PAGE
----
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THE

 

QUINTIN  SCHOOL

 

1886  -  1956

 

 

A BRIEF HISTORY

 

 

L. C. B. SEAMAN

 

  

 

Children in whom was no blemish,

but well favoured, and skilful in all

wisdom, and cunning in knowledge,

          and understanding science.

- Daniel, I, iv.

 

 

 

 

THE QUINTIN SCHOOL

LONDON  N.W.8

1957

 

 

 

ORIGINAL PRINTED IN GREAT BRITAIN BY CHARLES BURRELL AND SON, CHERTSEY, SURREY

THIS EDITION OCRd, RE-FORMATTED & PRODUCED IN 2005 BY A.E. BECK (1939-46) & H.V. BECK (1935-42)

(pdf versions on request)


 

CONTENTS

 

   
  I.
  II.
  III.
  IV.
  V.
  VI.
   

 

ILLUSTRATIONS

 

QUINTIN HOGG

Mr. D. WOODHALL

Mr. C. F. MITCHELL

Mr. P. ABBOTT

Mr. F. WILKINSON

Dr. B. L. WORSNOP

Sir KYNASTON STUDD

Mr. BERNARD STUDD

DAY SCHOOL PROSPECTUS, 1891

THE POLYTECHNIC

 In 1910 & After the Rebuilding of 1911

MINEHEAD COUNTY SCHOOL, 1940

PULTENEY

 From Peter Street, Soho - The Playground (S & N)

THE QUINTIN SCHOOL

Work Begins on the New Building

 December1956 -  Geography Room

 


 

FOREWORD

By Dr. B. L. WORSNOP, B.Sc., Ph.D., F.Inst.P.,

HEAD  MASTER

 Now the school has completed its first seventy years of life in the Polytechnic and is to continue in new surroundings it seems most appropriate that this history of 'the first seventy years' should be published.  Situated as we now are in our very new and modern buildings, providing so many of the amenities we have lacked (and alas without some of the valuable perquisites we enjoyed) at the Polytechnic, a new generation of boys and their parents might think that we are a new school.  A perusal of this book will show how mistaken such an idea would be.

          We are most fortunate in having as author of our history one of Mr. Seaman's calibre.  To the present boys he is 'senior History Master' or perhaps 'Editor of the Quintinian' but to some of us he is known also as an historian of some distinction.  In compiling the present most readable story he has had access to records which have been undisturbed for years and thus ensured the accuracy of his accounts of the early days.  He has interspersed fact with anecdote and has made the whole story live.  When he discusses what I call the 'Abbott era' he is able to supply inside information because he was a boy in the school for some seven years until 1930 when, as a Scholar of Downing College, he went up to Cambridge.  After the war he joined the staff and so once more from 1947 has been an actual observer within the walls.  As he was not with the school in evacuation he has been able to reduce the account of the school's activities in that period to a balanced length.  Actually the doings of the school in Somerset, both serious and amusing, were to have formed the basis of a whole book in the early days after our return-but unfortunately at that time we did not have a Mr. Seaman to write it!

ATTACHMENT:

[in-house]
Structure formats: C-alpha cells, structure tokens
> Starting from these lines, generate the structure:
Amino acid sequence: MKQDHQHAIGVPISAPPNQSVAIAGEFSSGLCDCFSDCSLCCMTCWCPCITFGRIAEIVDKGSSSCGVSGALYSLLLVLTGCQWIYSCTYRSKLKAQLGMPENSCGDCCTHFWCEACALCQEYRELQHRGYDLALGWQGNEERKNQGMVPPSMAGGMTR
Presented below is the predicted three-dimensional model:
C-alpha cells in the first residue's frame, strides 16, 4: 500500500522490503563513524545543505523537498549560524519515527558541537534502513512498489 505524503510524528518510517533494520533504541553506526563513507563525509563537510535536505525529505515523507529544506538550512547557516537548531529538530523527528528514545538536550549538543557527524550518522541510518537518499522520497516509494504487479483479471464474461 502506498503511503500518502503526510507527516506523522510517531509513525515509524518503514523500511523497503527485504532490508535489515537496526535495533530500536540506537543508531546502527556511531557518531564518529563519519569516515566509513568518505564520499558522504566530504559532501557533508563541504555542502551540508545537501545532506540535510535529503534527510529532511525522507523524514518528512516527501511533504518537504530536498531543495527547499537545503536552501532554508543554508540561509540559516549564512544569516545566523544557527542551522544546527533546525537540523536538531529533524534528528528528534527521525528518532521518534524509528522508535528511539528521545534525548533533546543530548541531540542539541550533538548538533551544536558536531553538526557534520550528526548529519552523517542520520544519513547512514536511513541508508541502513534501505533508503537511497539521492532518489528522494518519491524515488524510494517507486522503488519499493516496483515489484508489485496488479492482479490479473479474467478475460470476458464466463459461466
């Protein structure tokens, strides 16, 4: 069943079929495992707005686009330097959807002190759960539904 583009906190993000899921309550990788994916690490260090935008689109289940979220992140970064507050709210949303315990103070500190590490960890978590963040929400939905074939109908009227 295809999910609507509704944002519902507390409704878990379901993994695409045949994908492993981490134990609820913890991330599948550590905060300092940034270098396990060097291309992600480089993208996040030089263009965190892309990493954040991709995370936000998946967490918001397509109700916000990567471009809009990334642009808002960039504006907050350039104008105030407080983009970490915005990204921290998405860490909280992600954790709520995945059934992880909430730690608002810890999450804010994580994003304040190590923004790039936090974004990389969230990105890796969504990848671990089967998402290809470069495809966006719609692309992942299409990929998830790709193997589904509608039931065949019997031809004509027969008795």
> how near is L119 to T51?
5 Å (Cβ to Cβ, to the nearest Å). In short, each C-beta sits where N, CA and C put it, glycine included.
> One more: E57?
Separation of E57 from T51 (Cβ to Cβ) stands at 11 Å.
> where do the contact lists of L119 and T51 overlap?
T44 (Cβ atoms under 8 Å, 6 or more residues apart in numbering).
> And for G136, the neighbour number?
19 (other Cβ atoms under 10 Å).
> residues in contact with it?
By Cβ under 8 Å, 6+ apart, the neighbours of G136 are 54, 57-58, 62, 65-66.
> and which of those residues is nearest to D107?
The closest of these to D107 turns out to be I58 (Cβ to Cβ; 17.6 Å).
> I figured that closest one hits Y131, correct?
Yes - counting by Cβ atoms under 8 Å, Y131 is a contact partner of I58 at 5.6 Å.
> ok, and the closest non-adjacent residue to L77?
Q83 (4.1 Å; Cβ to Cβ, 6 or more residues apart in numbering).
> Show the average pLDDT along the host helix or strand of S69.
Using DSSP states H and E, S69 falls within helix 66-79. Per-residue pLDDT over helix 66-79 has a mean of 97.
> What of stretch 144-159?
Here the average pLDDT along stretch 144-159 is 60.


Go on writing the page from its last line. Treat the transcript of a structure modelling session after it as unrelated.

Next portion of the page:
As the school has progressed through the years there has been a significant change in the method of its government.  In the early days our Founder was the sole director of its affairs, had a first hand knowledge of all that went on in it and saw that his advanced ideas were put into practice.  It was a benevolent one-man control and a period when ideals were set up and the beginnings of a real tradition were established.  On his death, Sir Kynaston Studd, who knew his plans and his methods, took over the Presidency of the Polytechnic and with it, of course, the School.  At that time the departments of the Poly were growing fast and the direction of the educational side was largely invested in the hands of a Director of Education, and a Governing Body was established to be responsible for the control of all Poly affairs, always under the Chairmanship and guidance of the President, affectionately known in the Poly as J.E.K.

          When I was appointed Head of the School in 1938 the Director of Education was Mr. D. Humphrey who was very keen on all sides of Poly life and spent his energy in furthering it in a quiet, unobtrusive and very knowledgeable way.  In the absence of a School Governing body all normal school problems such as the appointment of staff etc., were dealt with by the Director and the Head Master, with the guidance of Sir Kynaston, who was ready at all times to discuss any matter concerning our welfare.  I found his ever-courteous attention and generous encouragement one of the factors which made my early days at the Poly worth while.  His death was a second great loss to the School and a personal one to me.

          The next phase in government resulted from the 1944 Education Act, and our need for a new building.  In order to obtain from public funds the large sum envisaged for the new premises we changed our status from 'Aided' to 'Voluntary Control'.  The fee-paying boy could no longer be admitted and a separate Governing Body for the School had to be set up.  The name of the school was changed from 'The Polytechnic Secondary School for Boys' to the 'Quintin School' so that in our old surroundings the new name could become associated with the Poly, in the years of waiting for the New Building.